Amanda Bentley Brymer Watches The Eclipse In Tennessee
Eclipses are among the most predictable events on the planet. This one was known about for many decades before it crossed America earlier Monday.
Accordingly, people had been planning eclipse road trips for weeks in advance. They piled into planes and cars and made their way to the 70-mile-wide swath of land where the total eclipse would be visible. They checked online calculators, which told them the time of totality down to the second.
And yet for all the certainty, when Americans finally stopped to look up, many were gobsmacked by what they saw. For a couple of minutes, the temperature dropped, dusk fell in midday, and the sun was replaced by a circle of wispy white light — the glow of the solar corona, which is visible only when the moon directly blocks the sun's rays.
There were gasps and cheers as the eclipse made its first appearance over Oregon in the midmorning local time. From there it swept across the nation at more than 1,000 miles per hour. In Idaho they watched from national parks and high school football fields. In western Nebraska, people gathered at Carhenge, a roadside attraction devoted to automotive mysticism. Outside Troy, Kan., somebody set off fireworks.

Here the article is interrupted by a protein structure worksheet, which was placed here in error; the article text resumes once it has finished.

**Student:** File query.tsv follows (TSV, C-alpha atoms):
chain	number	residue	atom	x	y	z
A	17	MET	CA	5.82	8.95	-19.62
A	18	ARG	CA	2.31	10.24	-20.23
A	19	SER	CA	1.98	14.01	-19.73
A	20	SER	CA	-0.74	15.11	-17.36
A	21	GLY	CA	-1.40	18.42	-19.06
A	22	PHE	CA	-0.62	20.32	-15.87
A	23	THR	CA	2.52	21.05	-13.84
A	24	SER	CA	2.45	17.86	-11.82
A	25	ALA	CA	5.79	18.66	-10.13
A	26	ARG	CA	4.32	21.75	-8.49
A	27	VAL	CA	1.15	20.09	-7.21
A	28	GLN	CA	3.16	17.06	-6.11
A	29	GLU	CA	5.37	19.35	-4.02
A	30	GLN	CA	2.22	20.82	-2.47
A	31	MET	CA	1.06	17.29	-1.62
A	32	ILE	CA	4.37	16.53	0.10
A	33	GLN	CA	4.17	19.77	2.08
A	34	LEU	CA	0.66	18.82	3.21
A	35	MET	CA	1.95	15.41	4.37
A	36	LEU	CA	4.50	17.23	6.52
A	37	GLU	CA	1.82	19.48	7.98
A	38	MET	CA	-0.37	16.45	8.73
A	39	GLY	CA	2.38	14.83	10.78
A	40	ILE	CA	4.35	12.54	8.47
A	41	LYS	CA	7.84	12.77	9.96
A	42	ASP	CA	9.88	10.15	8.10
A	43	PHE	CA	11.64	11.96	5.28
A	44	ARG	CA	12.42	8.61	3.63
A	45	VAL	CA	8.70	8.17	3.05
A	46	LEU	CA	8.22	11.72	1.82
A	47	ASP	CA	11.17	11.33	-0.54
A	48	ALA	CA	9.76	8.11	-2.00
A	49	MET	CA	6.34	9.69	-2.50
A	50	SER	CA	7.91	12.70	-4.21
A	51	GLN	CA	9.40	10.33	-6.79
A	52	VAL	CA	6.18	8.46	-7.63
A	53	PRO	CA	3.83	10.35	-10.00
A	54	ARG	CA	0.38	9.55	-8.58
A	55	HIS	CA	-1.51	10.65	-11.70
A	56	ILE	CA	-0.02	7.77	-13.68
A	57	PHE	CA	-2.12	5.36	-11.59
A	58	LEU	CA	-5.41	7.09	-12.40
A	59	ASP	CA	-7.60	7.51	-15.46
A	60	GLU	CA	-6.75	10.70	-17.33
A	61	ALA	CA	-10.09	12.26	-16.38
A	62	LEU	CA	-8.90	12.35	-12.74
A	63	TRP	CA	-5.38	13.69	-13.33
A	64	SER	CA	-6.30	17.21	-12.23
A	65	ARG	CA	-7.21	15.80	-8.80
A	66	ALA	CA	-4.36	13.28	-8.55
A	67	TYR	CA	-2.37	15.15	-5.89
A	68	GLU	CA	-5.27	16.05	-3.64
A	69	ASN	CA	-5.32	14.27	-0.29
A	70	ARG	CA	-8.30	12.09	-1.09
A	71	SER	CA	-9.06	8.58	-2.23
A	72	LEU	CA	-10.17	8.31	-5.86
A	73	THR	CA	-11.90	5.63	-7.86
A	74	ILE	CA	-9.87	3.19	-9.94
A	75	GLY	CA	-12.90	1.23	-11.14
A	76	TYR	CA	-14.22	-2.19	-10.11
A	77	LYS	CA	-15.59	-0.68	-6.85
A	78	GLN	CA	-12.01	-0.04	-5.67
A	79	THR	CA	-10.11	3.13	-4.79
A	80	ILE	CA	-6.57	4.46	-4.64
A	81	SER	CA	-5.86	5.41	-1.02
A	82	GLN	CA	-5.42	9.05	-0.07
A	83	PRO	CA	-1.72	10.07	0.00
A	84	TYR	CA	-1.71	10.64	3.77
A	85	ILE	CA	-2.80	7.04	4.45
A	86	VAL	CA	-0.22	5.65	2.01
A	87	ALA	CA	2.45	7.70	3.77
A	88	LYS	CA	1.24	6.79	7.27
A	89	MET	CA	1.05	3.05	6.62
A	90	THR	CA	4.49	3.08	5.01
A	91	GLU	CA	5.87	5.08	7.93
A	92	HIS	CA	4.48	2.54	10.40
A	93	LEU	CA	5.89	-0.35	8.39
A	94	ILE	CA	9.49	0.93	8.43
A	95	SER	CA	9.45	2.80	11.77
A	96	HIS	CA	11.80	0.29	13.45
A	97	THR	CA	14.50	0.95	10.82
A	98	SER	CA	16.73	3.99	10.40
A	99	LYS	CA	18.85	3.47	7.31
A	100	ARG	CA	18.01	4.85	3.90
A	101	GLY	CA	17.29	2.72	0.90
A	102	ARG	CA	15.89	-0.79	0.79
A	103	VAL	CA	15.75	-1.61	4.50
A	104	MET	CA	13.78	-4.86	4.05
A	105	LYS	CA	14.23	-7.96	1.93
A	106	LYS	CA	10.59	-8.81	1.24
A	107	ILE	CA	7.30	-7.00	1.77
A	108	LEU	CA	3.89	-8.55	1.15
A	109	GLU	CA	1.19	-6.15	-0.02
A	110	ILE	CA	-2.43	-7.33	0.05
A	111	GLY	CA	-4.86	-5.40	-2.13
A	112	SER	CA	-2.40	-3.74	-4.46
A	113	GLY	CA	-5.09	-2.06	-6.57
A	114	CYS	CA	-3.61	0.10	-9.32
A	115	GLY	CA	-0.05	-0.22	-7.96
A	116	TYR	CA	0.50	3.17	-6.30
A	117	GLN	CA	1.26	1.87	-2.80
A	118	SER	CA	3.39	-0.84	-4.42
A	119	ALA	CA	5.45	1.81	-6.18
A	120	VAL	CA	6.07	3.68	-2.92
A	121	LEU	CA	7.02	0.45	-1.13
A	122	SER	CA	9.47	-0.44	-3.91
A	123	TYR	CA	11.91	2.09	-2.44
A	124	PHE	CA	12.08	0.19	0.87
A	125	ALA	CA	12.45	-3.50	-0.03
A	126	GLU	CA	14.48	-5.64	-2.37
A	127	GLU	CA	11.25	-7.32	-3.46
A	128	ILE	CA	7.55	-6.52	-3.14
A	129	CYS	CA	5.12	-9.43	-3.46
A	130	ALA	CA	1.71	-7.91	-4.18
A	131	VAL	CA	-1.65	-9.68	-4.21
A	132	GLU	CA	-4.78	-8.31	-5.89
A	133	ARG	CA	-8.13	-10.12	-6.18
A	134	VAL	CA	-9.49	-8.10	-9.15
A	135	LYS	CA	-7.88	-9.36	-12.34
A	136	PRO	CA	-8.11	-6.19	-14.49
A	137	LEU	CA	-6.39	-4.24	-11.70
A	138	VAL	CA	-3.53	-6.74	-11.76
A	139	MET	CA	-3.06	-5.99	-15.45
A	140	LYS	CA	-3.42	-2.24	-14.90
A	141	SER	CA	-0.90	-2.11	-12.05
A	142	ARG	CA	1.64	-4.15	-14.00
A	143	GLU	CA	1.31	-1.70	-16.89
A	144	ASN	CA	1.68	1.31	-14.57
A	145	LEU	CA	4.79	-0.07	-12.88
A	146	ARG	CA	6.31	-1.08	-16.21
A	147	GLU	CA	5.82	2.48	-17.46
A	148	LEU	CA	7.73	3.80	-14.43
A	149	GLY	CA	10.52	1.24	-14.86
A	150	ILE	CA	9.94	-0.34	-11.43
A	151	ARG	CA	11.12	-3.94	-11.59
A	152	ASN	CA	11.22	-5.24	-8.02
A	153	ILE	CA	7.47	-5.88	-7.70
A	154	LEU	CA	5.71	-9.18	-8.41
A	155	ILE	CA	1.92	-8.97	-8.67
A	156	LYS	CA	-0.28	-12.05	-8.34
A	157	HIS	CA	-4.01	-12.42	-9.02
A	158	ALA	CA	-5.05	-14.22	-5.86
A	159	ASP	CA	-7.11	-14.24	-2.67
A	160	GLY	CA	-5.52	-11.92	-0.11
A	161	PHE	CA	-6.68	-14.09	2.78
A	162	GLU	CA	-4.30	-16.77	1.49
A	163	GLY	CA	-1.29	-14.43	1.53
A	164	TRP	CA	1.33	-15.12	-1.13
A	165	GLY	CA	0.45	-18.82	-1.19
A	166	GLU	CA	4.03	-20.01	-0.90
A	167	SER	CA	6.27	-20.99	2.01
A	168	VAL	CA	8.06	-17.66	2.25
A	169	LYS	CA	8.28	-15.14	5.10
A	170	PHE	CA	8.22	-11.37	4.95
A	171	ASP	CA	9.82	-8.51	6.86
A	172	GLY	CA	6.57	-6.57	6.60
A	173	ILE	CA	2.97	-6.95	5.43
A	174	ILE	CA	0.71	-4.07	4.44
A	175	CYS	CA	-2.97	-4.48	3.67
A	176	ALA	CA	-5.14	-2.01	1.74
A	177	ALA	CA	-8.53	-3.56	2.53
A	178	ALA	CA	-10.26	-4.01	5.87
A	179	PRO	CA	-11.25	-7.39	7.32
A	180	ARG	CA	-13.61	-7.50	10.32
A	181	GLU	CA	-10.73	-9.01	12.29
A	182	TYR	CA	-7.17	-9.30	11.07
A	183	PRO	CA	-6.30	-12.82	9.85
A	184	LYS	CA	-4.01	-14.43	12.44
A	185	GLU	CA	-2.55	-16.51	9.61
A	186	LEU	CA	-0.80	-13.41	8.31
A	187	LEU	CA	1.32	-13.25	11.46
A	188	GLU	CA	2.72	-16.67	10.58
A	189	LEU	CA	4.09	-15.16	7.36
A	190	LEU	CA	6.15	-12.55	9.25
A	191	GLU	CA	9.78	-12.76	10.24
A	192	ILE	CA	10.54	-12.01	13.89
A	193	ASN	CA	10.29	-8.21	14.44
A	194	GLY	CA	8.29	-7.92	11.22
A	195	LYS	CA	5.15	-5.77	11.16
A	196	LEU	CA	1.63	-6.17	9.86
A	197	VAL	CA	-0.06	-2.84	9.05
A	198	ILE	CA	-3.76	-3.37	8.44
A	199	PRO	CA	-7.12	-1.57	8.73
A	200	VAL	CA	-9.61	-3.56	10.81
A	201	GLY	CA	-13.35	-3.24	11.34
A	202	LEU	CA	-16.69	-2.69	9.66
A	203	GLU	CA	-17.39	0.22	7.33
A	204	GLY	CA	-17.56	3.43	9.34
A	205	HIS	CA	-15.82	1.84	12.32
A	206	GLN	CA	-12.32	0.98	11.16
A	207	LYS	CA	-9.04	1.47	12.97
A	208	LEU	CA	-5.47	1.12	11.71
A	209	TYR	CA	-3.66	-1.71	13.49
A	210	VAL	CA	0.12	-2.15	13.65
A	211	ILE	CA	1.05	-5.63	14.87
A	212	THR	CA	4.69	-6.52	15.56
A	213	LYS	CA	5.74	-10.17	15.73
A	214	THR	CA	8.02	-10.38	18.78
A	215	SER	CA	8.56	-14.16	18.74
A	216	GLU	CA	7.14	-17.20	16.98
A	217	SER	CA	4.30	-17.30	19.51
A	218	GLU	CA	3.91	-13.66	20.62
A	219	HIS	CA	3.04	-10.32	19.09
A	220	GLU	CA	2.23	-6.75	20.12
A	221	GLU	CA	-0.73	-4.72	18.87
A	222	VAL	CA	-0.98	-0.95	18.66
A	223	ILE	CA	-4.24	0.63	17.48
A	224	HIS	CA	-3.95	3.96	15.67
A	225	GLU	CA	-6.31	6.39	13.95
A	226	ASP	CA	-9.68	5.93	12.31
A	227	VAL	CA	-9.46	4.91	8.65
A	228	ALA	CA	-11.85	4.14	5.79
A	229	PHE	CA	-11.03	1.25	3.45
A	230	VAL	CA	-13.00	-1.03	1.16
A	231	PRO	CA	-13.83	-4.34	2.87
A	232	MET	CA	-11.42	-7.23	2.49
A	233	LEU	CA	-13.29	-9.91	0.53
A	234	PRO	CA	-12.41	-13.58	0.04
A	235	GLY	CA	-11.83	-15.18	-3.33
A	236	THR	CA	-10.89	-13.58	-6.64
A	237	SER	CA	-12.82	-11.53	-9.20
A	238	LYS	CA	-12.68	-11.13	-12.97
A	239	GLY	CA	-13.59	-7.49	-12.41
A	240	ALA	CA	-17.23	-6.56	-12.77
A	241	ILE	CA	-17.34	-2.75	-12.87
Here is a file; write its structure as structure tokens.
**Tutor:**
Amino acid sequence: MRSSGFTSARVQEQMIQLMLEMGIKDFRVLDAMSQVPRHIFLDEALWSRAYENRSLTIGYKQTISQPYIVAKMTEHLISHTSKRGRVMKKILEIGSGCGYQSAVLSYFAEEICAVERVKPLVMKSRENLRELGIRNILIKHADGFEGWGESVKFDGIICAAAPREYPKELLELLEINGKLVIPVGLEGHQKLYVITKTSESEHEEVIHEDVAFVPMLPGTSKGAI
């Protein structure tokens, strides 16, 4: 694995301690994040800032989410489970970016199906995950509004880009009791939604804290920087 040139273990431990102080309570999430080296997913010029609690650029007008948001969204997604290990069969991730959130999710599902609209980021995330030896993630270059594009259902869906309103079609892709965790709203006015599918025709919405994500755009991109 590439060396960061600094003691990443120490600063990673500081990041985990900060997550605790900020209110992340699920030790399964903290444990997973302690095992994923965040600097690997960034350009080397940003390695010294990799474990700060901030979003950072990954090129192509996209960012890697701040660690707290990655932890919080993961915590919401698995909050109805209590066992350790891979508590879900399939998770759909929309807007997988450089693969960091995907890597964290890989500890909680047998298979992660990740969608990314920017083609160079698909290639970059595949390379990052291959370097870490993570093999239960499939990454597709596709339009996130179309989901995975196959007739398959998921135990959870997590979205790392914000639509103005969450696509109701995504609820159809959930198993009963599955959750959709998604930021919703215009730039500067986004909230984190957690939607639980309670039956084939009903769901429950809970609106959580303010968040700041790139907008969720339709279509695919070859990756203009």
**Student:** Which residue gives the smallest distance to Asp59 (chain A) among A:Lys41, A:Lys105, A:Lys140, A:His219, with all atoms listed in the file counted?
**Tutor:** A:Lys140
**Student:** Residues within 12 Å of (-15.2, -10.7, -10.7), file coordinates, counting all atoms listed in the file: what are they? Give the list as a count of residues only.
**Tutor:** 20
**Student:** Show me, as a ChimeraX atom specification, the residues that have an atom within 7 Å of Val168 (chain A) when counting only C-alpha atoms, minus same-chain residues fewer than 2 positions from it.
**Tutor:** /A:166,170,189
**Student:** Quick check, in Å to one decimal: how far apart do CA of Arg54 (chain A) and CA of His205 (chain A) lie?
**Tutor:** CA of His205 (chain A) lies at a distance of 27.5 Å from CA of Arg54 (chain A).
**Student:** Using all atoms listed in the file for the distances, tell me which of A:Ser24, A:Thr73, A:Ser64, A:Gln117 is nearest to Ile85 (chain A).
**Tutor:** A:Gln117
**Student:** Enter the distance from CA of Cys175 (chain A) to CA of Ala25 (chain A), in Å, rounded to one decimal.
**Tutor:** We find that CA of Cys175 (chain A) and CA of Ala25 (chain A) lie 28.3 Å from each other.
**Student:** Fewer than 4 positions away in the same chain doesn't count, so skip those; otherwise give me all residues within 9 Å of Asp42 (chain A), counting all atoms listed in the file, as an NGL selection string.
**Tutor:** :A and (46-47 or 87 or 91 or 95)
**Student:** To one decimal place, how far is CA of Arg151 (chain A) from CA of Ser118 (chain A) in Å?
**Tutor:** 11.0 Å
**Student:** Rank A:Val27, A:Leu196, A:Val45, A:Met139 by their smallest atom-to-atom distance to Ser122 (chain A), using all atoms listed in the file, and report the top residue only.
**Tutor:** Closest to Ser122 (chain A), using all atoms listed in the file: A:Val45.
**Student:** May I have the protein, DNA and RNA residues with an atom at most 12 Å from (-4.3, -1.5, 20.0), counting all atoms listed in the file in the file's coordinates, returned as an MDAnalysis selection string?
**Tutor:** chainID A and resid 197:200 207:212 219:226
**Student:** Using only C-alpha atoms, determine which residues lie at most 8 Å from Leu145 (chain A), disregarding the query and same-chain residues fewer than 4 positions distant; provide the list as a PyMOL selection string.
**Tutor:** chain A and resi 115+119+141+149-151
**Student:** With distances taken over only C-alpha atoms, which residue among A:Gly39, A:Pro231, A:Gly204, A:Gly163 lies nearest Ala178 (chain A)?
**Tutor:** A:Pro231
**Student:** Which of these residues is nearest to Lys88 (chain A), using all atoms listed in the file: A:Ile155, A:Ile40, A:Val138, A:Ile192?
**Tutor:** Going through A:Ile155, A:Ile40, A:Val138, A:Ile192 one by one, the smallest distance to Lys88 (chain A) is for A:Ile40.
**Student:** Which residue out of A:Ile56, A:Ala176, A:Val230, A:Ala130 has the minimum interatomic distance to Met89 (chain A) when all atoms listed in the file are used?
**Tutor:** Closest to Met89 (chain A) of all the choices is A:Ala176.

Patchy clouds obscured the view for some places like Nashville, Tenn., but even if the eclipse couldn't be seen, people were treated to other unworldly phenomena, such as birds retreating from the sky and crickets chirping in midday.
At 2:49 p.m. ET, the eclipse crossed Charleston, S.C., and moved out over the Atlantic, exactly as predicted. It left behind millions of Americans whose view of the world was briefly altered and, for some, forever changed.